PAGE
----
Tuesday, June 1, 2010

Totally wrong; education should take longer, not less

A NY Times commentary suggests that education would be 'more efficient' if shortened from 4 years to 3. This is total nonsense, and it's hard to believe a capable or conscientious professor would ever suggest such a thing.

There's a ton more (of actually important) material for students to learn now than there was when the current four-year curriculum was developed. This certainly means more in one's chosen technical field. But there's also more to learn in terms of life-enrichment: college degrees are acculturation experiences, plus trade-school (job ticket) experiences, plus life-edifying exposures and knowledge, and there's too much to learn in all these areas. And students are often if not typically taking 5 rather than just 4 years. And many lolligag for a year abroad amassing credits that reflect great experience but not nearly as demanding as traditional classroom credits, no matter how pleased the parents are at their youngster's overseas GPA.

More importantly, American students are as a rule very poorly prepared to enter college in the first place, much less to graduate in 3 years. K-12 has been dropping the ball big-time, at least in part because schools of education aren't exactly drawing the campus Newtons. We need more respect and better pay for teachers.

Taking longer would keep people from rushing through just to get a job ticket which won't prepare them very well for being versatile, nimble, or subtle in their daily lives. It will sound-byte their education, making them shallower employees and more dangerous as citizens and consumers in a democracy where sophisticated understanding of issues is more important than ever. And it will crowd the job market.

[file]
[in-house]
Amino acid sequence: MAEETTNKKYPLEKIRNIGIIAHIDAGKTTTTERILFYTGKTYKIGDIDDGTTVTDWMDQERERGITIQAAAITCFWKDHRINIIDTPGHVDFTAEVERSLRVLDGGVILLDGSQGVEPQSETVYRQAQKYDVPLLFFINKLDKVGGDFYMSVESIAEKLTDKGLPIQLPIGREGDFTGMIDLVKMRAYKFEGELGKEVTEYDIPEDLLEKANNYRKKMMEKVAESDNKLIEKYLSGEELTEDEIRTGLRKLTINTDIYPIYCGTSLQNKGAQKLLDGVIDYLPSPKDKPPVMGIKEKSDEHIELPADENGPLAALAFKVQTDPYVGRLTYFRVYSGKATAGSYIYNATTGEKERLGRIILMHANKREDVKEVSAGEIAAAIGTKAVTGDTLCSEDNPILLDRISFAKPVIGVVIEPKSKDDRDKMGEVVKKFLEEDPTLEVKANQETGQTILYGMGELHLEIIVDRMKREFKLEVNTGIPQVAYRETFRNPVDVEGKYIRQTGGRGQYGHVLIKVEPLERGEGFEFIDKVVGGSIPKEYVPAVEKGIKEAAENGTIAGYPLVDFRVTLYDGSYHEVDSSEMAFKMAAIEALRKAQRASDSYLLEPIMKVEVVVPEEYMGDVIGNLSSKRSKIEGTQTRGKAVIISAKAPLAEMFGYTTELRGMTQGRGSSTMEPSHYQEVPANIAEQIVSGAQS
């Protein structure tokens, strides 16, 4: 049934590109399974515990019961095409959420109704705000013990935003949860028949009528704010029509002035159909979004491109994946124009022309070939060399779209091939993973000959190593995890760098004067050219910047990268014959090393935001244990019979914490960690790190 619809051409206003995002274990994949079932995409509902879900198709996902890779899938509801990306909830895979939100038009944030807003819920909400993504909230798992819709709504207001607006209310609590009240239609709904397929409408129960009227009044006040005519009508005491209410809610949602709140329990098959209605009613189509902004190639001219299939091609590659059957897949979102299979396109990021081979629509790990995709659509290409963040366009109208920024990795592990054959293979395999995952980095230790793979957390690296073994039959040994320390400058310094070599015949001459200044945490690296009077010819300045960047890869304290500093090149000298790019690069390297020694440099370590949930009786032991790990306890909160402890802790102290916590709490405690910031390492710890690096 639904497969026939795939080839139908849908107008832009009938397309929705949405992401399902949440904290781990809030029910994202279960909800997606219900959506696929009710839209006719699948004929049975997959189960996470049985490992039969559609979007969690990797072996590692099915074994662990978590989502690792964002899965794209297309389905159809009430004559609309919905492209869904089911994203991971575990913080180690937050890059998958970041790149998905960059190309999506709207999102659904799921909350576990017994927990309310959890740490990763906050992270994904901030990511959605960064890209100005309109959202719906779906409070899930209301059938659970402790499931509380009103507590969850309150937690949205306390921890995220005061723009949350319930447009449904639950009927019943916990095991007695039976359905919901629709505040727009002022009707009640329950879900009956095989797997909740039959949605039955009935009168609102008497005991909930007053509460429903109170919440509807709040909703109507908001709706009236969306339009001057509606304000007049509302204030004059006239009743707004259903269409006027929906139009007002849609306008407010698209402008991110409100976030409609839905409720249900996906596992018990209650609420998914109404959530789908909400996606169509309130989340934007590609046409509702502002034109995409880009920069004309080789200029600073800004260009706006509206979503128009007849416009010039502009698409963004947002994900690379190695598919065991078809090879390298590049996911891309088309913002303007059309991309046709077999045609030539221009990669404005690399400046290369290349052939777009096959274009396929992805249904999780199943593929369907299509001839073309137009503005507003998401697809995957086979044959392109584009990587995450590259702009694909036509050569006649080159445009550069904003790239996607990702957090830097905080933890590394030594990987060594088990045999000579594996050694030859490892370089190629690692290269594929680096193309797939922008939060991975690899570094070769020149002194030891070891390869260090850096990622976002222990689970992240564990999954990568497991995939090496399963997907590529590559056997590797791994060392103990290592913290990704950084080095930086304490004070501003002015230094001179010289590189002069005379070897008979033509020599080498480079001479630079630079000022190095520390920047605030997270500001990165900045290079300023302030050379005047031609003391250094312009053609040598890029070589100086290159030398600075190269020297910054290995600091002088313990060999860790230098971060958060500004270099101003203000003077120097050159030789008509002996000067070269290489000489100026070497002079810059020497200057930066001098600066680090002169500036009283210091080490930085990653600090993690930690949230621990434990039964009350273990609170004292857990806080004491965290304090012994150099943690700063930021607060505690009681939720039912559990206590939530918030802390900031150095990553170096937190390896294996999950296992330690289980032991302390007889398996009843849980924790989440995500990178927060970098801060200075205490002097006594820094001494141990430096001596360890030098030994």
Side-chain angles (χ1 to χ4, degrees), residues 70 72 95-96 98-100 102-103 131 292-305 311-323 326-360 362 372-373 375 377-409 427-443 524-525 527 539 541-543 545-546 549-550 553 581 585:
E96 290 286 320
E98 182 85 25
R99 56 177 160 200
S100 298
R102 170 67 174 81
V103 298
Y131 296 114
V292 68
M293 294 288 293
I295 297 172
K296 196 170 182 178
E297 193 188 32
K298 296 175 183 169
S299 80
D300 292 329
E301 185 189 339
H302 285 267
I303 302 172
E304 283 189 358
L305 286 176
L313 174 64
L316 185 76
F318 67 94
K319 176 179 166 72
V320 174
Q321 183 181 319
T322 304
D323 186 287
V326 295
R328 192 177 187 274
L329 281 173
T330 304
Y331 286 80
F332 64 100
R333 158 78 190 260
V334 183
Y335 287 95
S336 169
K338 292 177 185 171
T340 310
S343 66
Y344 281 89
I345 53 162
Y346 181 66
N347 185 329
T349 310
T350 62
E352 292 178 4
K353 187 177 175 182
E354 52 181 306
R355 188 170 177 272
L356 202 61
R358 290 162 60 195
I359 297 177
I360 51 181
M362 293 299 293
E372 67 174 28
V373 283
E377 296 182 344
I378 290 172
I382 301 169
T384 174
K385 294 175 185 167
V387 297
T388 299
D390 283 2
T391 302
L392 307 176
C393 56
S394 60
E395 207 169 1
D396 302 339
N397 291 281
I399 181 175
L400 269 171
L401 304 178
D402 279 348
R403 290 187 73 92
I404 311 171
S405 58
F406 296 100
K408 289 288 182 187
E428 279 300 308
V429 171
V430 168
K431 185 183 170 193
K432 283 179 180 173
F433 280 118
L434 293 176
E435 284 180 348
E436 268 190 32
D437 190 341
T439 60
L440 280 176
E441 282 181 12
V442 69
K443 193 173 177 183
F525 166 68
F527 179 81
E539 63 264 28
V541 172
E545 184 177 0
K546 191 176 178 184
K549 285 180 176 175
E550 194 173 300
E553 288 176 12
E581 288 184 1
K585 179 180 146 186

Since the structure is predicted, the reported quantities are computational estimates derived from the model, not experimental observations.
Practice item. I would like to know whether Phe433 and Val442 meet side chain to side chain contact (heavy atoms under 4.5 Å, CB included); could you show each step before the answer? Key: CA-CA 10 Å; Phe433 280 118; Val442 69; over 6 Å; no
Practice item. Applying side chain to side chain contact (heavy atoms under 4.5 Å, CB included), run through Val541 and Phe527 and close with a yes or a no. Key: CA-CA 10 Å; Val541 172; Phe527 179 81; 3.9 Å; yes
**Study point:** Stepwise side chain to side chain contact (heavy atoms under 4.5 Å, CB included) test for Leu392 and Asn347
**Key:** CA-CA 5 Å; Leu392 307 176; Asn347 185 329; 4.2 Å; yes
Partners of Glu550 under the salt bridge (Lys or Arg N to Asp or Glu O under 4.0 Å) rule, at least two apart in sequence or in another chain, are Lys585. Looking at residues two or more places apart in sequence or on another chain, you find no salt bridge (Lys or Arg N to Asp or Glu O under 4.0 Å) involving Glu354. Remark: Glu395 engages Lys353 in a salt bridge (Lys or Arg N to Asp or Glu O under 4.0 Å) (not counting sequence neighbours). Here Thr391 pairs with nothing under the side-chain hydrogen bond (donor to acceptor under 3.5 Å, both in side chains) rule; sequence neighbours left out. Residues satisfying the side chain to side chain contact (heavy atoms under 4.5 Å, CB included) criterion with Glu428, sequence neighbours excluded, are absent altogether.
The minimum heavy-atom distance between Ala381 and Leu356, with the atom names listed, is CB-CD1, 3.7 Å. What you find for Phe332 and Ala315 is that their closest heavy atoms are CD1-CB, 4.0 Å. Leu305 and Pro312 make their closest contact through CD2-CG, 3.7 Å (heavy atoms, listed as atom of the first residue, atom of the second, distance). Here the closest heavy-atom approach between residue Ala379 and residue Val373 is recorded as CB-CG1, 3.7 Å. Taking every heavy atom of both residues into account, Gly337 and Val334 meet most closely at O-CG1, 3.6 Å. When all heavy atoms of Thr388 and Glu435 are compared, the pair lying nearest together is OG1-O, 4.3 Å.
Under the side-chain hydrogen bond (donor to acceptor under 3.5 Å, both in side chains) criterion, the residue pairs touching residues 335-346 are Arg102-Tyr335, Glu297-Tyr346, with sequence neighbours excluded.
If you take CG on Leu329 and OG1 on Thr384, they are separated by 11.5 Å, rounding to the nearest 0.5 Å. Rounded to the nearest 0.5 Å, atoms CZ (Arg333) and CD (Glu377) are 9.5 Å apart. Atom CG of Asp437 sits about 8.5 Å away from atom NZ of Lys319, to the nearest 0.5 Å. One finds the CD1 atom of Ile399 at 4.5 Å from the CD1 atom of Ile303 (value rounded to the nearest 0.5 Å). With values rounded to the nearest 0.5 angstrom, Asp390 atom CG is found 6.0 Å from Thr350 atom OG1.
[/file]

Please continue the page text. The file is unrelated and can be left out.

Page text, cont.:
We've already got 2-year technical schools and community colleges which are life changers for many people for whom a 4-year college education is financially or otherwise out of reach.

Raised on already inadequate elementary and high school educations, if judged by our education system's standing in the world, not to mention shallow TV programs and other pop culture, US students will not do well in the world if we short-change them at the college level too.

This may sound like a reactionary viewpoint, and maybe so. But the global facts already show that the US is lagging behind in many areas that are important in the world, and important to people's lives, too.

We should raise the rigor of the classes we teach, and raise the number of credit hours for a BA or BS degree. How to pay for this is of course a serious question, and many parents simply can't write the checks, but let's overturn how that's currently done as well. The government once paid for GI's to get a college education, and it created a strong, vibrant middle class that made our country the envy of the world. Many colleges were once free, giving millions of students the chance to better their lives. Socialism? Nurturing capitalism? Just plain good? Whatever name you want to give it, it worked. Let's rethink how colleges and universities are financed and give people the education that could actually mean something--to them, and to the rest of us as well.

No comments: